The Spanish football league is in its 79th edition this year. Of the previous 78, 50 have been won by Real Madrid (31) and Barcelona (19). Ever since they finished first and second in that first competition in 1928-29, they have been the teams to beat. However, for all their domination, never had both of them won their first four matches. This week, not only have they done that, but both have won their fifth, too. Each are on 15 points and 16 goals for, with two against for Real and three for Barca. They will meet on matchday twelve, on November 29, at the Nou Camp, and who knows whether they will get there tied on 100 per cent totals of 33 points?
My posts were always going to focus on Real and Barcelona, whatever the season, but this year they are making it very difficult to look beyond them. Sevilla have had a very good start, accumulating 12 points out of the first 15 (they lost to Valencia on day one), and they host Real next. That could be one of the defining matches of the early season, as they are clearly the third-best team in the country. It will be seen as proof of whether someone else stands a chance. Atletico Madrid, the fourth Champions League entrants, lie 18th with only three points, having been soundly beaten 5-2 by Barcelona and having started the European trail botching what on paper should be the easiest of the six group stage games, drawing 0-0 home to Apoel Nicosia and then losing at Porto. Valencia blow hot and cold, with 11 goals for and nine against, and Athletic Bilbao started with three victories, followed by two defeats. The logical prediction is that Barca and Real will pull further away from the pack each week.
Not many things could weaken this stranglehold: an early defeat to provoke some doubts, injuries on a big scale, or too many commitments. And even in those cases, both teams have squads big enough to cope, and the excuse of a tiring campaign, compressed even more because of the World Cup at its end, sounds reasonable enough for players to accept rotation. With the season barely a month old, both teams have only one outfield player who has played all the minutes of the season: Seydou Keita for Barca and Raul Albiol at Real. This doesn't mean that any old combination of players will win every time, though. This weekend, Real had to cut short Kaka's rest and Barca Zlatan Ibrahimovic's, bringing them on to get the goal count moving again, after unconvincing starts against Tenerife and Malaga respectively. Clearly, some players will be more decisive than others. Also, for the next couple of weeks, World Cup qualification might play a role, with players like Leo Messi, Ibrahimovic, Eric Abidal, Thierry Henry, Rafael Marquez, Karim Benzema, Cristiano Ronaldo, Pepe, Christoph Metzelder and Gonzalo Higuain not certain of their nations' presence at the tournament. The next round of qualifiers will bring a Real-Barca alliance in Argentina (though apparently not in France, because manager Raymond Domenech doesn't put much trust in Benzema), but Ronaldo and Ibrahimovic might have to eliminate one another from the World Cup altogether, unless Denmark collapse.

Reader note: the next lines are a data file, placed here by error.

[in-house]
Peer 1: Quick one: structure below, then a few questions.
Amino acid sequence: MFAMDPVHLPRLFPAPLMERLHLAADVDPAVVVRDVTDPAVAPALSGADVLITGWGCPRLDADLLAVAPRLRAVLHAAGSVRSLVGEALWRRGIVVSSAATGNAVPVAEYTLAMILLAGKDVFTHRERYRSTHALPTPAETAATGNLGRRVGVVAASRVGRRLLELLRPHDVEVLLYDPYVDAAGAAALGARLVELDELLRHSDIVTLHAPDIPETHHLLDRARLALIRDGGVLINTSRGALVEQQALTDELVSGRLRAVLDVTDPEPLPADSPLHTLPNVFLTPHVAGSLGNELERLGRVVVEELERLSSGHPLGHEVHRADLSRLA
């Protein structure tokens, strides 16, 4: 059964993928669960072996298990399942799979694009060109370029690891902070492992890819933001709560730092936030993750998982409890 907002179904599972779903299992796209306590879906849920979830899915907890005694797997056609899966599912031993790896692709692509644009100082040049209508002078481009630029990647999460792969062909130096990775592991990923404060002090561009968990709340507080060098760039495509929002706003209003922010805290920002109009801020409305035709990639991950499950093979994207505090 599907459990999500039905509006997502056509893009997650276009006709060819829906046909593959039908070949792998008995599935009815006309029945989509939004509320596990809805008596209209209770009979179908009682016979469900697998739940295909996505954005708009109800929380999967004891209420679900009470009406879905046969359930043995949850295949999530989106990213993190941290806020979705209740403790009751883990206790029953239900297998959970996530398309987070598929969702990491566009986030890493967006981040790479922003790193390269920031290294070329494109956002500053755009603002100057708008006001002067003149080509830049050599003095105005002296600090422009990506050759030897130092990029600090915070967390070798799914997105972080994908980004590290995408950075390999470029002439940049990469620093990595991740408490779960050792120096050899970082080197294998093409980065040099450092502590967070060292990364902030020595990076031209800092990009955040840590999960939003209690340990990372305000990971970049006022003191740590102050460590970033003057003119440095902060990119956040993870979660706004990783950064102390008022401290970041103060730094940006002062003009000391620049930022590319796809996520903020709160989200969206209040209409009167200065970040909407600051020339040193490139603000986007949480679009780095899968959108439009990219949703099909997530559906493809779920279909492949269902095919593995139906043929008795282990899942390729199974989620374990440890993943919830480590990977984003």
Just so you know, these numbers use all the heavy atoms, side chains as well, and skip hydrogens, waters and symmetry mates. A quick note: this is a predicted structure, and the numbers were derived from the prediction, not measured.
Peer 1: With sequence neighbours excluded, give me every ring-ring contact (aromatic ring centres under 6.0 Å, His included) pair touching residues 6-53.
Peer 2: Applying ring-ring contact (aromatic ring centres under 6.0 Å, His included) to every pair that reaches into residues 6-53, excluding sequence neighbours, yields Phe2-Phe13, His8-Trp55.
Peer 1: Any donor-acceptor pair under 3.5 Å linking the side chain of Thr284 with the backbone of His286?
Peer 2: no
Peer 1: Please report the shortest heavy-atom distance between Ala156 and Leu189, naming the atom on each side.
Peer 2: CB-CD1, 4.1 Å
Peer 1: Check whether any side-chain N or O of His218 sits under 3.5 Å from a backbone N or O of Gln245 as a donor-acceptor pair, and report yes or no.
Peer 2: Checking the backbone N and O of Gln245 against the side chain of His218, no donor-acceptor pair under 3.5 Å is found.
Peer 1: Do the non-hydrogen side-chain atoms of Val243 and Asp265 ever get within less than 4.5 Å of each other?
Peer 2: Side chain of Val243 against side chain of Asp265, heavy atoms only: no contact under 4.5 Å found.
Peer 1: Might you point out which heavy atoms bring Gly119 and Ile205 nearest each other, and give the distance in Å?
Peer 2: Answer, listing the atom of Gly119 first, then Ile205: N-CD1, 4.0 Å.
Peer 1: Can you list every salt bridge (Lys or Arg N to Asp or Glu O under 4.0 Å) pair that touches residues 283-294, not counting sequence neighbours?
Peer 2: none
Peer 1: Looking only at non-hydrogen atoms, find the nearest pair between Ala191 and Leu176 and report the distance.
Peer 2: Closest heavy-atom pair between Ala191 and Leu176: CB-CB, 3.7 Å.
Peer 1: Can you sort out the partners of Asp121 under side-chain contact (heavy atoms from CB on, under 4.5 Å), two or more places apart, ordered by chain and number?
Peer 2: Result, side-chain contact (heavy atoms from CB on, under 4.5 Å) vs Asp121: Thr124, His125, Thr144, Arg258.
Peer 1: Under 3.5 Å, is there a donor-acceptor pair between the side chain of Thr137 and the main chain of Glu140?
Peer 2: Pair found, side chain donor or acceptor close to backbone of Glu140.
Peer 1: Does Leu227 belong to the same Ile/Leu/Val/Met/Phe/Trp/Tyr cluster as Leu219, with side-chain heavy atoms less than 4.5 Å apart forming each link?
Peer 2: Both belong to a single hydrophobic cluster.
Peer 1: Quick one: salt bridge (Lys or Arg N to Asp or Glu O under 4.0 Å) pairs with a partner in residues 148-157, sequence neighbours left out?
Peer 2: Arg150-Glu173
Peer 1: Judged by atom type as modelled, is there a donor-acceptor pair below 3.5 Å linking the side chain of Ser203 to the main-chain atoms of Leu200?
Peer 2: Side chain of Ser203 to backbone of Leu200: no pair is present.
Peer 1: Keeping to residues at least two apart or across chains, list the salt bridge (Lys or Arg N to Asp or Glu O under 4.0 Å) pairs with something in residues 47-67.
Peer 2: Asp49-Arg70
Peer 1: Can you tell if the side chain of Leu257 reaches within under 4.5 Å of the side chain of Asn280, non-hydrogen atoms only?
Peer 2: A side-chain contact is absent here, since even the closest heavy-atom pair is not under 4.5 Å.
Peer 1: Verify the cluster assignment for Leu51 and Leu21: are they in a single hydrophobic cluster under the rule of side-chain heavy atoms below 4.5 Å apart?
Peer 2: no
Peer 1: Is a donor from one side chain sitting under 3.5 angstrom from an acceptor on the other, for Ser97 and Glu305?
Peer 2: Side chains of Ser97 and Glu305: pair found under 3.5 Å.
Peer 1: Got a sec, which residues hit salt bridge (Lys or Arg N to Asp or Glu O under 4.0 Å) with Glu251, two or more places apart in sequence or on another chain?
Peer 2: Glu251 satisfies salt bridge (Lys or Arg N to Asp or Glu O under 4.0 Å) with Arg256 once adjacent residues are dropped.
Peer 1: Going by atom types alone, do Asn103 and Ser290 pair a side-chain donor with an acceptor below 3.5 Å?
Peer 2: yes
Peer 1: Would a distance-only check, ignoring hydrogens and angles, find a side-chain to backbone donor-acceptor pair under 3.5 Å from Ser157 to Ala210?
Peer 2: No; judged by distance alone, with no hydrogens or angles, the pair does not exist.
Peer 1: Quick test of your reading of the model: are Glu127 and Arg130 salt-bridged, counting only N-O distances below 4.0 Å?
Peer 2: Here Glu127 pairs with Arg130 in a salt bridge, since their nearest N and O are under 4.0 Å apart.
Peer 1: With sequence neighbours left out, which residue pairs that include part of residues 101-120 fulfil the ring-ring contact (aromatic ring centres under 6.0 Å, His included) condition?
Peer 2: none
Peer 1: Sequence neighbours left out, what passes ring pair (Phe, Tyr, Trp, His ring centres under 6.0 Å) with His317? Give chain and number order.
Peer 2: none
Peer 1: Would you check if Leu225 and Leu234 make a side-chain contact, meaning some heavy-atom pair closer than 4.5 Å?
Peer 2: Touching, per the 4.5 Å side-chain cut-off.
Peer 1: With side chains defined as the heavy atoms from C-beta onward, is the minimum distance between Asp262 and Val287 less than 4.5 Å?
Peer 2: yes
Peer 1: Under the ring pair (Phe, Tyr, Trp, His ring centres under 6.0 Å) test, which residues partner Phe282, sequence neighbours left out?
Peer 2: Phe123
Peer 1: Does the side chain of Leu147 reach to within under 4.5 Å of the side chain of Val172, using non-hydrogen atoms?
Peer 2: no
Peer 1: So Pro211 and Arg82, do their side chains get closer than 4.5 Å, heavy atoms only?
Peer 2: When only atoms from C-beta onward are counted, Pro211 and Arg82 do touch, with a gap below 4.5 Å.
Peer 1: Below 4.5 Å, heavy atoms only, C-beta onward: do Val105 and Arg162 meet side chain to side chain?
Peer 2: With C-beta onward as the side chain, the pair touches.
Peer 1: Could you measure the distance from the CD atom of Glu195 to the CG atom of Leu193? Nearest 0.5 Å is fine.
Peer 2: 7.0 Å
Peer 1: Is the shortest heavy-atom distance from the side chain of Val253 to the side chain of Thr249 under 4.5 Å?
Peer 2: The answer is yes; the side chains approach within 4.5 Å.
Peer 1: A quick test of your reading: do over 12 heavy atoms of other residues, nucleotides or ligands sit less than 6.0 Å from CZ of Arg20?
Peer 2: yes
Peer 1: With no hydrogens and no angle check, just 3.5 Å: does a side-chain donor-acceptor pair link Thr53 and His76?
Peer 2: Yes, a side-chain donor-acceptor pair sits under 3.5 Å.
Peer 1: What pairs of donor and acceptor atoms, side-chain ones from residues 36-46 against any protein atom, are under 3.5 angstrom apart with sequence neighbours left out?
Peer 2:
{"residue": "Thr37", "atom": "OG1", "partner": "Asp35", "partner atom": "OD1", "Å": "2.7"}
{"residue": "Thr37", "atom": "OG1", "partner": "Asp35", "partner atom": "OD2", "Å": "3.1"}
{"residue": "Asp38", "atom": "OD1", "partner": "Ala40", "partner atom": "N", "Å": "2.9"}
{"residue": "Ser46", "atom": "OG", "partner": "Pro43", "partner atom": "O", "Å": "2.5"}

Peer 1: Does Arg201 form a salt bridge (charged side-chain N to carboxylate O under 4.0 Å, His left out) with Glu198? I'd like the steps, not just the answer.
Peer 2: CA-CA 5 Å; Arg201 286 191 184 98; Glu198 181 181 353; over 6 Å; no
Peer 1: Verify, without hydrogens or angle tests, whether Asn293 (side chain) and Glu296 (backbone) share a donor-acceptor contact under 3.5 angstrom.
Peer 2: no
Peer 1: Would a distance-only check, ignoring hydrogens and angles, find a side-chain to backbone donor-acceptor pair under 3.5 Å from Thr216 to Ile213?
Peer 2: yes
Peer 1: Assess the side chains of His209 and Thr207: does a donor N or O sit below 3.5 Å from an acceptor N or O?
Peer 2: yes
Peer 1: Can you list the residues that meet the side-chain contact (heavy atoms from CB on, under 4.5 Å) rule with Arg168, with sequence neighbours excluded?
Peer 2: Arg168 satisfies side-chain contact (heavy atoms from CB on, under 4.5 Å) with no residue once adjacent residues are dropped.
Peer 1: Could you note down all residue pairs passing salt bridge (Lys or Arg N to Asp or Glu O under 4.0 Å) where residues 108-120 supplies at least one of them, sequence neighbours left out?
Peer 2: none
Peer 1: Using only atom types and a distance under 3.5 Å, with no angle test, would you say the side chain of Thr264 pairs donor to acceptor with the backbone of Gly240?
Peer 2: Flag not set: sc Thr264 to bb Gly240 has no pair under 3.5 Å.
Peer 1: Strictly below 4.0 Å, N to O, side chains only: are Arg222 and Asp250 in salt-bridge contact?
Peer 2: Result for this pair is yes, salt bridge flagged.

Petty feuds and big-ego jealousy might be the most dangerous threat to team harmony, though. Ronaldo, for example, might have opened a crack with his discontent at having been substituted at the end of matches that his team were winning comfortably. He wants to play every minute so that he can be the league's top scorer, ahead of Messi and Ibrahimovic. Ronaldo and Ibrahimovic have five league goals in five matches, Messi five in four as he missed the first game. Ronaldo left the field muttering and refusing to look at his manager. He seems to think that he can bag more than a few in those last minutes when a beaten opposition has stopped trying, and he can't do that if he's substituted. Ian Hawkey, in The Sunday Times, wrote last weekend more about Ronaldo's excellent start for Madrid.
Revista Nivel Uno (mayo)
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